Fabian is his spymaster and enforcer. Fair warning. The scenes of torture and persuasion are Graphic and to my mind slightly overdone, but this I suppose was a time of excess or else the glorious palace would never have been built and Louis would not have reigned for 77 years, so the means by which Louis held onto the country was his knowledge of all the pieces in play..

He does not seem to take pleasure in his  interrogations.


Amidst all the intrigue was a satisfying conversation in the gardens where a one armed  ex army Grave Digger is tasked with digging a lake a league long. His wry response was a flash a light and I hope he is a regular as his advice might well be the most solid that Louis might get in these most troubled of times.




I enjoyed immensely the addition of Claudine the daughter of the Queen’s physician, who is a woman of great intelligence. Her learning and beliefs that bloodletting goes against sound thinking of prolonging strength in the ill might see her accused as a witch and her Father fears for her safety.



Her thoughts are  proven true as Bon Temps returns home to sit  with his young son who suffers from the smallpox and is weakened further by the letting of blood. Claudine is feisty  and strong and I loved her.



Her father is fearful that if the Queen were to lose the baby that he and Claudine might be put to death, but nothing can prepare anyone in the room for the events in the packed birthing room that results in the room being emptied and the end credits rolling over the angry shocked face of the King! I will not spoil the suspense for those who have yet to watch, but is was a masterful place to end this premier episode.





It was a deeply engaging piece even if the graphic violence and sexuality were not to my taste, it is no worse than that of Game of Thrones and the truth of the setting is evident in such turbulent times so I would not go as far as to say it was gratuitous.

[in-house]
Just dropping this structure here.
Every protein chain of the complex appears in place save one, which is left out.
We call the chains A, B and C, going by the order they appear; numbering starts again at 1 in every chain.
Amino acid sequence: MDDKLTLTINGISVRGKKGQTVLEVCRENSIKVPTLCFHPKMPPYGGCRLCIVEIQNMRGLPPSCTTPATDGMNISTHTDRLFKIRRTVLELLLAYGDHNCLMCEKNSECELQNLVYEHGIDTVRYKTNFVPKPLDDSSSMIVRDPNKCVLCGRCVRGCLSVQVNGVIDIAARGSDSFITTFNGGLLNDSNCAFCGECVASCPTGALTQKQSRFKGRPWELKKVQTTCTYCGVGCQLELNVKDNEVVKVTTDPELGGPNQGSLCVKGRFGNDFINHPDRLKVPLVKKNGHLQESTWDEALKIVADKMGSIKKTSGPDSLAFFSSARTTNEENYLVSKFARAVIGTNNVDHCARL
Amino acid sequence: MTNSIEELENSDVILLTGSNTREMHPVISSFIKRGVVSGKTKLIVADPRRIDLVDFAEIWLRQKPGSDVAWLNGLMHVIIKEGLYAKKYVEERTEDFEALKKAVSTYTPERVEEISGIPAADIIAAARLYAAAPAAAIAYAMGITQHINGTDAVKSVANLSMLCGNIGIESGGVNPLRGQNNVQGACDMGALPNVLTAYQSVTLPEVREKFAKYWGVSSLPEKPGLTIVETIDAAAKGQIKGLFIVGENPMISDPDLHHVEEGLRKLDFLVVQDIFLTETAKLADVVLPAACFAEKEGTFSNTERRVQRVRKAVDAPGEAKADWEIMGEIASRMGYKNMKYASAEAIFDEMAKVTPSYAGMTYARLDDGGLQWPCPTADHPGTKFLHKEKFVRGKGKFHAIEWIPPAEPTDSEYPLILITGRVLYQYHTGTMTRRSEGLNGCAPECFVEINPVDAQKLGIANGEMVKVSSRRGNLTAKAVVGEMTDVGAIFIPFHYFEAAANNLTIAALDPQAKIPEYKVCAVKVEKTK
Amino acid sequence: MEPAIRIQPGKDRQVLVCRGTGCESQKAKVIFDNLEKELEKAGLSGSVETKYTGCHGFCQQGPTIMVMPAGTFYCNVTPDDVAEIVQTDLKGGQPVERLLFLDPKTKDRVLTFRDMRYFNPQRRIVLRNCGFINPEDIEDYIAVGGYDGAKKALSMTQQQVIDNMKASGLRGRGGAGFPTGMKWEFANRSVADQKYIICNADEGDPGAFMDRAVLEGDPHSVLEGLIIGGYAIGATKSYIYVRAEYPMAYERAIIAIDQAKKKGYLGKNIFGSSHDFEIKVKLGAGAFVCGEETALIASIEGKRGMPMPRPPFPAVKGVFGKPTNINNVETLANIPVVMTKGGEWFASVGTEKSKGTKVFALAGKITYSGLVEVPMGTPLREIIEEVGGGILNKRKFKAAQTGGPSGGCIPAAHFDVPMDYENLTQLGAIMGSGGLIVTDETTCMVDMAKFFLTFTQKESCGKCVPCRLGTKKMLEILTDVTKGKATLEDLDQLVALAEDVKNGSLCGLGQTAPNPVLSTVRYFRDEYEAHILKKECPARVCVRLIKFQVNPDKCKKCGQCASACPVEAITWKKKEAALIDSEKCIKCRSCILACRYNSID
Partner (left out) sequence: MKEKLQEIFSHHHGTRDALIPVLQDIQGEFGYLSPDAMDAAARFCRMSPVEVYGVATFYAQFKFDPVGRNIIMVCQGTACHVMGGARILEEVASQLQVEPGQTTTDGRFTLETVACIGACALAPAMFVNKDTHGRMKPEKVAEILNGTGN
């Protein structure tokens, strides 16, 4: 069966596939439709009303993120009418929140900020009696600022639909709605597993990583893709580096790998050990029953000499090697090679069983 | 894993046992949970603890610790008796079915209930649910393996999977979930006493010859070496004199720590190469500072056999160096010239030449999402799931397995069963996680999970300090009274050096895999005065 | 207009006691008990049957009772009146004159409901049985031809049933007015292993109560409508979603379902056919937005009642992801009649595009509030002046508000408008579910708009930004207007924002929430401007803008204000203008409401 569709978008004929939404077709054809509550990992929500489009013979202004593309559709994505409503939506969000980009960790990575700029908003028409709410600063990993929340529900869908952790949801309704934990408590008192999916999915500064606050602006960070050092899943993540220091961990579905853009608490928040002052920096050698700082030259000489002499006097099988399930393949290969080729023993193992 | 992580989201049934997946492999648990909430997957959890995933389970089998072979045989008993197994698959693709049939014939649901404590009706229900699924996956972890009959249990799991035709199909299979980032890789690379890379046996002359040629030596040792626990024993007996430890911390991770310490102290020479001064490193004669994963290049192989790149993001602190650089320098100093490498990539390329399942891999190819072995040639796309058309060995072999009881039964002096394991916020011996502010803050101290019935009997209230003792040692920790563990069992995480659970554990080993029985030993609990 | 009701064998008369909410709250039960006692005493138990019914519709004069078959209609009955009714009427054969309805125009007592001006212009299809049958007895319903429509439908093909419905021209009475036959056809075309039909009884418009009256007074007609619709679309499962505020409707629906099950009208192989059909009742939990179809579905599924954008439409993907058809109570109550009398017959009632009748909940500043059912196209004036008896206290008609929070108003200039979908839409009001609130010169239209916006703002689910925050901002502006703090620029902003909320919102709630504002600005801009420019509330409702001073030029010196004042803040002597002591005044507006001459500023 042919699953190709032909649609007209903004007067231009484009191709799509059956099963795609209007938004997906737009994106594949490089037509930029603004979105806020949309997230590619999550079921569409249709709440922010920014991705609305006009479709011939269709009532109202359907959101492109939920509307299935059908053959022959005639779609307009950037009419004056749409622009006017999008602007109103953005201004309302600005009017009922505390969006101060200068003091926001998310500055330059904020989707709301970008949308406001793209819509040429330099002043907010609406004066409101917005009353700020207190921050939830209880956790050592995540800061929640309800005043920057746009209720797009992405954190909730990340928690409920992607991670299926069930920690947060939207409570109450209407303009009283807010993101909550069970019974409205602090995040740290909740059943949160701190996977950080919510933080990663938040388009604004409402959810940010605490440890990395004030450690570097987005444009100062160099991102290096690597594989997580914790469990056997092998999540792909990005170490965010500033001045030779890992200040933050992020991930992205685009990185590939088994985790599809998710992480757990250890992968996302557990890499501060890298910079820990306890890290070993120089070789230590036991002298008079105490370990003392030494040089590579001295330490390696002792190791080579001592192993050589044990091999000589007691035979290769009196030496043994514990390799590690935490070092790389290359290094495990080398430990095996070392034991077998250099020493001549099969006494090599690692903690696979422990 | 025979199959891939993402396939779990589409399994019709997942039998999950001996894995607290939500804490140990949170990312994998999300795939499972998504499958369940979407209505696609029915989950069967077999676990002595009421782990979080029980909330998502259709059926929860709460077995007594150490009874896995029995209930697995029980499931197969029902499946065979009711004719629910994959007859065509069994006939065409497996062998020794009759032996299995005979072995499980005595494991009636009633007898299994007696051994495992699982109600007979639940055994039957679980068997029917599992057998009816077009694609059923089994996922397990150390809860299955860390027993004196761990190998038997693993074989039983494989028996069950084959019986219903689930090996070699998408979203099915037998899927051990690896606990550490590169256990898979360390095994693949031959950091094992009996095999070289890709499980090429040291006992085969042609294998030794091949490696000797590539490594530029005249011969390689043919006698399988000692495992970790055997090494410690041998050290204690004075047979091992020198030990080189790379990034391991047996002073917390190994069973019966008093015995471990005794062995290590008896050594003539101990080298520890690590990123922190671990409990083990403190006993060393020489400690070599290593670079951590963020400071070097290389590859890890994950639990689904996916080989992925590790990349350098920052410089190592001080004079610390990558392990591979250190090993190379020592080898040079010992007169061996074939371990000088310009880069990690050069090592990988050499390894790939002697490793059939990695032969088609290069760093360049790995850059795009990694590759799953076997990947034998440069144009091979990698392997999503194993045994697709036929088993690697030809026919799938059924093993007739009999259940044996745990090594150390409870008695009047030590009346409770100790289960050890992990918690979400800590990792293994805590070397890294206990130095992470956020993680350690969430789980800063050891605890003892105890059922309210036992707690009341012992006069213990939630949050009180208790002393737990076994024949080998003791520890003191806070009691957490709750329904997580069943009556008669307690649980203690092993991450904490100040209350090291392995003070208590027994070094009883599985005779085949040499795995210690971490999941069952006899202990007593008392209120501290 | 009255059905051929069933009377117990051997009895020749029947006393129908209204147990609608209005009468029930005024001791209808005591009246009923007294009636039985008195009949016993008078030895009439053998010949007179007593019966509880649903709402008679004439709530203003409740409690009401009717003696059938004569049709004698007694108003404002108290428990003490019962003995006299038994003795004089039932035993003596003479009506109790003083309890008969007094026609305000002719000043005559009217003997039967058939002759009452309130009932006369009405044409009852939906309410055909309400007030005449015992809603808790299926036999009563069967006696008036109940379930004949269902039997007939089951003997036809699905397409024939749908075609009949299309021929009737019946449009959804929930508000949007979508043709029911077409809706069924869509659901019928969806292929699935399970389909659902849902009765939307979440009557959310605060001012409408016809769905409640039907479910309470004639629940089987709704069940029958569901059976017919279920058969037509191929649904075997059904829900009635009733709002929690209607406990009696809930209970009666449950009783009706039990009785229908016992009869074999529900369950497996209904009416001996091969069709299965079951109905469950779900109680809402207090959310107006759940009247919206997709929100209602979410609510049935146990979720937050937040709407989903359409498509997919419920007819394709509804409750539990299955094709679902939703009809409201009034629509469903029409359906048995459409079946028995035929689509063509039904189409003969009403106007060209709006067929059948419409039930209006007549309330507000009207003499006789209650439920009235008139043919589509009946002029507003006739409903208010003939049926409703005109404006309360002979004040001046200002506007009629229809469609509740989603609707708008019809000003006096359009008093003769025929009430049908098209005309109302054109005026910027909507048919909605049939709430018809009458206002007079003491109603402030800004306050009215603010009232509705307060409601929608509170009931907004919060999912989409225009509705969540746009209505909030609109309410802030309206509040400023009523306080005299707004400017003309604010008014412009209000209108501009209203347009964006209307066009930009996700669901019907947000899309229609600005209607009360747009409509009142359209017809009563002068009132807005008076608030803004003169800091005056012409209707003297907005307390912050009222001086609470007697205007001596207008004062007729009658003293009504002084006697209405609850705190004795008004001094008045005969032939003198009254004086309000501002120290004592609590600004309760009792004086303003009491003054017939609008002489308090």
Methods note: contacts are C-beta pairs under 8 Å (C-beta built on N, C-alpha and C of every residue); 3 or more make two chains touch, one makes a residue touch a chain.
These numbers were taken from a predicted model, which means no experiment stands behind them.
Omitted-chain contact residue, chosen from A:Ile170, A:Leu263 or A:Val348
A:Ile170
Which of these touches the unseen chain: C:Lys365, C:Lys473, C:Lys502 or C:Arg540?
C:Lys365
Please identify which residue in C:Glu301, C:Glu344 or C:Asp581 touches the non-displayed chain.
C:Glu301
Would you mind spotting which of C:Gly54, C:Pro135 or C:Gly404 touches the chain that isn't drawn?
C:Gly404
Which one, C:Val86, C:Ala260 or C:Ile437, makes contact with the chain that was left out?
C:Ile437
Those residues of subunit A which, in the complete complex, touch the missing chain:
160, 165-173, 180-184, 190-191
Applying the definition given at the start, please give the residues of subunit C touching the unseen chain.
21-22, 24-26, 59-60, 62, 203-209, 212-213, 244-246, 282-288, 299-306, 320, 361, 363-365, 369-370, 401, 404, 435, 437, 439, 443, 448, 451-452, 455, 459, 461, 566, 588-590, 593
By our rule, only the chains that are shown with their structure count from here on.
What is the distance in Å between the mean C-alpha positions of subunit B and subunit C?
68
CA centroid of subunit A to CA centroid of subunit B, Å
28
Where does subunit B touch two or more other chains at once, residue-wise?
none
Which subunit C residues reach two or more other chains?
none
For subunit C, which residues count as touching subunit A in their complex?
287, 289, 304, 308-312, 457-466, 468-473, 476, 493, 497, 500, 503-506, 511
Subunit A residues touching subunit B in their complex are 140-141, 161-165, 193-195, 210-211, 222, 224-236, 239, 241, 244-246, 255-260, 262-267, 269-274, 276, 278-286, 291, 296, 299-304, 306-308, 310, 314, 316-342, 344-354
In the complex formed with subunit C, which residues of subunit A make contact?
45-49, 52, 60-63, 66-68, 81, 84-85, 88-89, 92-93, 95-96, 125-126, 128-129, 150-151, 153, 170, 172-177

As a companion piece to the main show, there is a short ten minute documentary section which was a rather inspired idea that sheds light on the things we have seen depicted and I enjoyed that immensely too.





5 comments:

  1. Excellent Recap Emma! Now I'm aware that there were many royal pairings that at least bordered on incest, but this Louis' mother was Ann the King of Spain's sister. Do they explain where his wife fits in on the family tree? Hopefully we'll be able to access this in the States!

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    1. I did a spot of research and sent you a portion of the family tree.

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  2. Love the recap and lavish is an understatement. Yes, the BBC has gone Versailles crazy, especially with The Musketeers! Love the look, the cinematography and costuming of this despite the graphic violence and sexuality.

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    1. Cannot wait for new episodes! Watch this space for some historical background to reinforce the drama!

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  3. Leave it to the BBC... They KNOW how to do great productions!! I hope we can see this in the U.S. in future! Thanks Emma for this fascinating heads-up!